The January trade was open on December 21, and February trade was opened on December 24. On December 27 we also opened VIX butterfly trade as an additional hedge, after closing the previous VIX butterfly for 36% gain. With the markets still in a free fall, we felt like this was still an appropriate hedge under the circumstances.

Those trades could benefit greatly from continuous market weakness. However, in the beginning of January the markets started to move up quickly, and all three trades started losing value. We had few other trades at that time that were bullish, so we decided to keep the SPX and VIX trades as hedges. The concern was that if we close SPX and VIX trades for 30-40% loss, and the markets reverse, we might lose the gains in the other trades as well.

While the markets continued higher, SPX and VIX trades continued losing value. During the same period of time, we closed few nice winners as a result of the market recovery (GS, XLV, FB, BABA, CRM, MCD and more). Unfortunately those trades did not fully offset the losses in SPX and VIX trades. 

When the market started to recover, we mentioned few times that we considered those trades hedges at that point (each one was half allocation). The main lesson from those trades is position sizing.

Putting things in perspective

We had an incredible winning streak in the last 3 years. We had only one small monthly loss since May 2016 (1.8% loss in March 2018). During the same period of time, our model portfolio produced an average monthly gain of 8.2%, including 17.3% gain in December 2018 (while most major indexes suffered double digit losses). January was our second worst month since inception, but it happened after the 17.3% gain in December, so even if you started in December, you would be down only 3%.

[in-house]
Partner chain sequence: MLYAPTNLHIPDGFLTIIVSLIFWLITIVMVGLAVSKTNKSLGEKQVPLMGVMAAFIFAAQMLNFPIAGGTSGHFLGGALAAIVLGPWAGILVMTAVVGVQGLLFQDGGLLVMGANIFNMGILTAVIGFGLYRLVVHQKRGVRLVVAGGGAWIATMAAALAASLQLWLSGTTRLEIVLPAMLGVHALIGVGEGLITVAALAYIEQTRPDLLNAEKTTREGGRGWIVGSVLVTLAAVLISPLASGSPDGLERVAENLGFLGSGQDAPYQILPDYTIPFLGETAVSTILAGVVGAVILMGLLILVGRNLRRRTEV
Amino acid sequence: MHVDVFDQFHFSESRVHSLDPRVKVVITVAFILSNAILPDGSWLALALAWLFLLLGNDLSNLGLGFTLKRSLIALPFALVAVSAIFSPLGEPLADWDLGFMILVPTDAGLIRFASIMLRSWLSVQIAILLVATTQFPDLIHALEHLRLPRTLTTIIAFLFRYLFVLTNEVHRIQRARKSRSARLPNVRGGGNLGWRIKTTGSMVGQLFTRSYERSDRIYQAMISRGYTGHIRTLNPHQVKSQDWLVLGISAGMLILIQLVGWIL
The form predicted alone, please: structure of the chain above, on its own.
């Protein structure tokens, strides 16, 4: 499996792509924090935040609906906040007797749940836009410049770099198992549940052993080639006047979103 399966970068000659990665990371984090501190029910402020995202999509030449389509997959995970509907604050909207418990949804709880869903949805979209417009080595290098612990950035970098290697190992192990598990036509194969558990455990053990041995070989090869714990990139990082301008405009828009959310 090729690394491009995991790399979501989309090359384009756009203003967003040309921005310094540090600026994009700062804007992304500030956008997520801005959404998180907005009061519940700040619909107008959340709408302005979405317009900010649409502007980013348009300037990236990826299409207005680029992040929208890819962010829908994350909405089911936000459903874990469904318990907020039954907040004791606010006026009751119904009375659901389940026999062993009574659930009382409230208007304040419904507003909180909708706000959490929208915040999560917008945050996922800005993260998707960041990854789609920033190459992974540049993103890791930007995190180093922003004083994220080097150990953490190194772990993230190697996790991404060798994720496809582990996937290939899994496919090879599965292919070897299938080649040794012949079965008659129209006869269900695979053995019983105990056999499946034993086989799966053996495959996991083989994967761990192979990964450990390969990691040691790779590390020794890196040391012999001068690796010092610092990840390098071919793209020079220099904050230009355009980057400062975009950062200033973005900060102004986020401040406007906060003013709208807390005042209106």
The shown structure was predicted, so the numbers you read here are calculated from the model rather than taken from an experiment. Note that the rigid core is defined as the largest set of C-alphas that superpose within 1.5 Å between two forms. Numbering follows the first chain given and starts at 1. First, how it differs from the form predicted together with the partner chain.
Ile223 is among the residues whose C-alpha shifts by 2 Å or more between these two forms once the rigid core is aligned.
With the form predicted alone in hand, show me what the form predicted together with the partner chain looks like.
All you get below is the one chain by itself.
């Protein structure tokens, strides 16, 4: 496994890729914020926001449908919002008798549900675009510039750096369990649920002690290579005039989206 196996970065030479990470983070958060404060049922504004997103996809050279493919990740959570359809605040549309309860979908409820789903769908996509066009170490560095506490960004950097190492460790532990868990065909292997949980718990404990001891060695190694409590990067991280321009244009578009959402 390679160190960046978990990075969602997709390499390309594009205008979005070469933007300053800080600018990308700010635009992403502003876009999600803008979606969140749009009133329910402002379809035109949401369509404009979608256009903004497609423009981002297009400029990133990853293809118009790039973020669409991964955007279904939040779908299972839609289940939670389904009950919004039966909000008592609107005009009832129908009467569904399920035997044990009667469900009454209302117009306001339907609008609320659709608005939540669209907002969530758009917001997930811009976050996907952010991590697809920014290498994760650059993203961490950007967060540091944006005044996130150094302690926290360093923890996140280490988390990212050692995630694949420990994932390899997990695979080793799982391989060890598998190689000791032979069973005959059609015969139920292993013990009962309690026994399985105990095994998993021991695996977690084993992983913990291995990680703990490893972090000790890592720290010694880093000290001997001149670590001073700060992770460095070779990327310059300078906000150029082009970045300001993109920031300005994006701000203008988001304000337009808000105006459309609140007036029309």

Occasional big losers are expected when you consistently produce such high returns. Without those few big losers, we would actually have had a decent month in January. But of course there is no woulda coulda shoulda in trading.. 

No rewards without risks

Charles Bilello of Pension Partners provided a pretty good perspective on drawdowns.

There is no such thing as a big long-term winner without enduring drawdowns along the way… Here are some examples:

  • Apple has gained 25,217% since its IPO in 1980, an annualized return of 17%. But Apple investors from the IPO would also experience two separate 82% drawdowns.